• Arborist Technician (Urban Forestry) Pruning and performing other work on trees from the ground (or within 3 meters of the ground on ladders). In their work, Arborist Technicians identify plants, select rigging gear, and have knowledge of how to fall, limb and buck trees, assist climbers, chip brush, cut wood and clean-up sites after tree-care operations

Ten Reasons why you should take Horticulture and join FFA (Future Farmers of America).

1. Be part of the solution – There is a need to provide food to ever growing population. Working together to make it more efficient is being part of the solution. 2. Learn new skills  –  Whether it’s tractor driving, feed or meats identification to properly caring for plants and animals for competitions and everyday life. Supervised Agricultural Experience Programs (SAEs) allows students to learn about agriculture areas of their choosing outside of school. For some working with animals is a big plus. Many students didn’t grow up on a farm and this program gives them the opportunity for hands on learning. 3. Serve others – Community service projects let the students learn while helping those around them. 4. Develop leadership skills – FFA teaches leadership skills to our youth and creates the leaders of tomorrow. 5. Travel opportunities – FFA holds lots of conferences, which are a “big hit” with youth. The conferences were created to build leaders and help students confidence in themselves. 6.  Meet new people and make new friends – Gaining friendships across the nation. Meeting senators, congressman and commissioners. “I have friends all over the nation,” says Freeman, who has met senators, congressman, and county commissioners.  “As an FFA member you make so many new friends everywhere you go. We all share most of the same ideals and values,” Oesterreicher adds. Byrd stresses the importance of the networking opportunities.  “Much of the success that anyone experiences in life is due to the network of friends that we meet along our way,” he elaborates.  “The most influential people in the world are Ag Teachers,” Byrd continues, “who become mentors to students and keep in contact with their students in school and throughout.” 7.  Personal growth – Personal growth is one of the main components of FFA, Oesterreicher says. Students demonstrate their knowledge and skills at FFA career development events. “These competitive events challenge students to highly develop their knowledge and skills in order to have a competitive edge,” Byrd notes. 8. Career success  – FFA classes and programs open up new opportunities and help students fine-tune their career ambitions through direct practical experience in the agriculture field, according to Freeman, who has raised steer since the fourth grade. “I’m always doing ag stuff.” 9. Scholarship Opportunities – “Local FFA Chapters, Alumni groups, and Booster clubs provide scholarships to FFA members,” Byrd says. “In addition, the National FFA Foundation awards over $1.5 Million each year in scholarships to FFA members.” 10. It’s fun – Ag class is a whole lot more hands-on than other courses, Byrd says.  “Life is too short to waste – enjoy it as you grow, mature, learn, and give back to society.”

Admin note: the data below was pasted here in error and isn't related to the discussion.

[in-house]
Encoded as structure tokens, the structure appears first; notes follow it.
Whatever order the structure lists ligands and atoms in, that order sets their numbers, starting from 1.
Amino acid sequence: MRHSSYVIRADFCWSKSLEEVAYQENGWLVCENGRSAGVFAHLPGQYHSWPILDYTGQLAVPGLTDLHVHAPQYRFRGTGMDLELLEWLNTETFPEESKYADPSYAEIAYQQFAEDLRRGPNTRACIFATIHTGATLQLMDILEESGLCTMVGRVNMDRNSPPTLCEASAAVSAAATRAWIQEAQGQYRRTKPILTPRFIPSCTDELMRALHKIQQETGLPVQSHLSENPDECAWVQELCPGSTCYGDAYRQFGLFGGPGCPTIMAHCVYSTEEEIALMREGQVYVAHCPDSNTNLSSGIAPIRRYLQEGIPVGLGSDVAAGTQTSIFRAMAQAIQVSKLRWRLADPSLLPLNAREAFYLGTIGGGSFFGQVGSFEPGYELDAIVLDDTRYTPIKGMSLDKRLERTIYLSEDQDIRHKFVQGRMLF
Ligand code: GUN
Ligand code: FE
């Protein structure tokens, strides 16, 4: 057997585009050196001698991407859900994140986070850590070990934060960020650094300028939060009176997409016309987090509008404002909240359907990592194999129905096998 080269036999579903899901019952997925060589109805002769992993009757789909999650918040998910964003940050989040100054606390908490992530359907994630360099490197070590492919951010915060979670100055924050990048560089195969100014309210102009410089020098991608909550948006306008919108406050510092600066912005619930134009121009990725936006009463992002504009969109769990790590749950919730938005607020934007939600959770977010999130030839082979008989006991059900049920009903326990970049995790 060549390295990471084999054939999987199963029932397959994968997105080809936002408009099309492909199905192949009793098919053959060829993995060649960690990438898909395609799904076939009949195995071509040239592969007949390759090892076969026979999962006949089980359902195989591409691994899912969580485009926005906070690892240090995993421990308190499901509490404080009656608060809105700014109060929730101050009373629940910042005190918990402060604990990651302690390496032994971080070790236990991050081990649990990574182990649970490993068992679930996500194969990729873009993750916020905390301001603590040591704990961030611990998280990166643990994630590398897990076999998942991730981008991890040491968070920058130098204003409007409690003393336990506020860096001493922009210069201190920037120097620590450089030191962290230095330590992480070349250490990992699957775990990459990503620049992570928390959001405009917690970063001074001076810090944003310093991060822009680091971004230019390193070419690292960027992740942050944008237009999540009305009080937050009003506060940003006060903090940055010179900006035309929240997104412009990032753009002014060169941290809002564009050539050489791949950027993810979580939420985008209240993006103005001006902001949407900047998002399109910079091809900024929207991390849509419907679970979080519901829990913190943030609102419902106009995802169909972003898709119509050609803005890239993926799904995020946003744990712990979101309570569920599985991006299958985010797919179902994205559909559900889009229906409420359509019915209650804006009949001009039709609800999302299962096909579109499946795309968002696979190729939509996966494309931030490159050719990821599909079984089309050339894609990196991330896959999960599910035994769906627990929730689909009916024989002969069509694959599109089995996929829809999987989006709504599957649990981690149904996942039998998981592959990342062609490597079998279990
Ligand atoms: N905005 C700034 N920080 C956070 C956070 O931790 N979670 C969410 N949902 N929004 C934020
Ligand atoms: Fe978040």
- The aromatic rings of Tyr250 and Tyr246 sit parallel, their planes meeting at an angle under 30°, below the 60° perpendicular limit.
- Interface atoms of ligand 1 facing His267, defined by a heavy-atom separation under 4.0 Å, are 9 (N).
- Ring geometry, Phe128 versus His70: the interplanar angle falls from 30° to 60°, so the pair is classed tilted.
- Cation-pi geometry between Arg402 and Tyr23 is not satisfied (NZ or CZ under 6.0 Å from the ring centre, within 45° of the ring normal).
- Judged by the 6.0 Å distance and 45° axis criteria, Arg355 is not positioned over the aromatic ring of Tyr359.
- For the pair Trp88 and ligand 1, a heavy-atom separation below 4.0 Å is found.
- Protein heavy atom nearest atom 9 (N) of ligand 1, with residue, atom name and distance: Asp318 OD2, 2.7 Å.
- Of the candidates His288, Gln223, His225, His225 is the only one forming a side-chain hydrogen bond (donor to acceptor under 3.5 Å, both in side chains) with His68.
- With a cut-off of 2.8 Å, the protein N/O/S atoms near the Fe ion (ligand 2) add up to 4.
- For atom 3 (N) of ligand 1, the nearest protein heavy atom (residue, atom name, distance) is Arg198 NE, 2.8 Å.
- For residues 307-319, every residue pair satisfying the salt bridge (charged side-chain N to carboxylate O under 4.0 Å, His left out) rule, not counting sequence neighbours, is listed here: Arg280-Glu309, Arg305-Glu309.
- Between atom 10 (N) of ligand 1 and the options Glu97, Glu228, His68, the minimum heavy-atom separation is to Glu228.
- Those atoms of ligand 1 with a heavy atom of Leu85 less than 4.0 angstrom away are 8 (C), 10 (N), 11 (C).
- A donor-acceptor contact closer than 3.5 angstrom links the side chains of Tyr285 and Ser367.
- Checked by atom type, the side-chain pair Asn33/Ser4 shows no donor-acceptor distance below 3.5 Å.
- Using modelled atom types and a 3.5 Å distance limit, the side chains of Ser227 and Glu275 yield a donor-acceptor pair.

Virginia FFA Organization


Virginia Tech Agricultural Technology Program


Virginia Master Gardener Program


American Horticulture Society


Virginia Farm Bureau Young Farmers


Agriculture Internships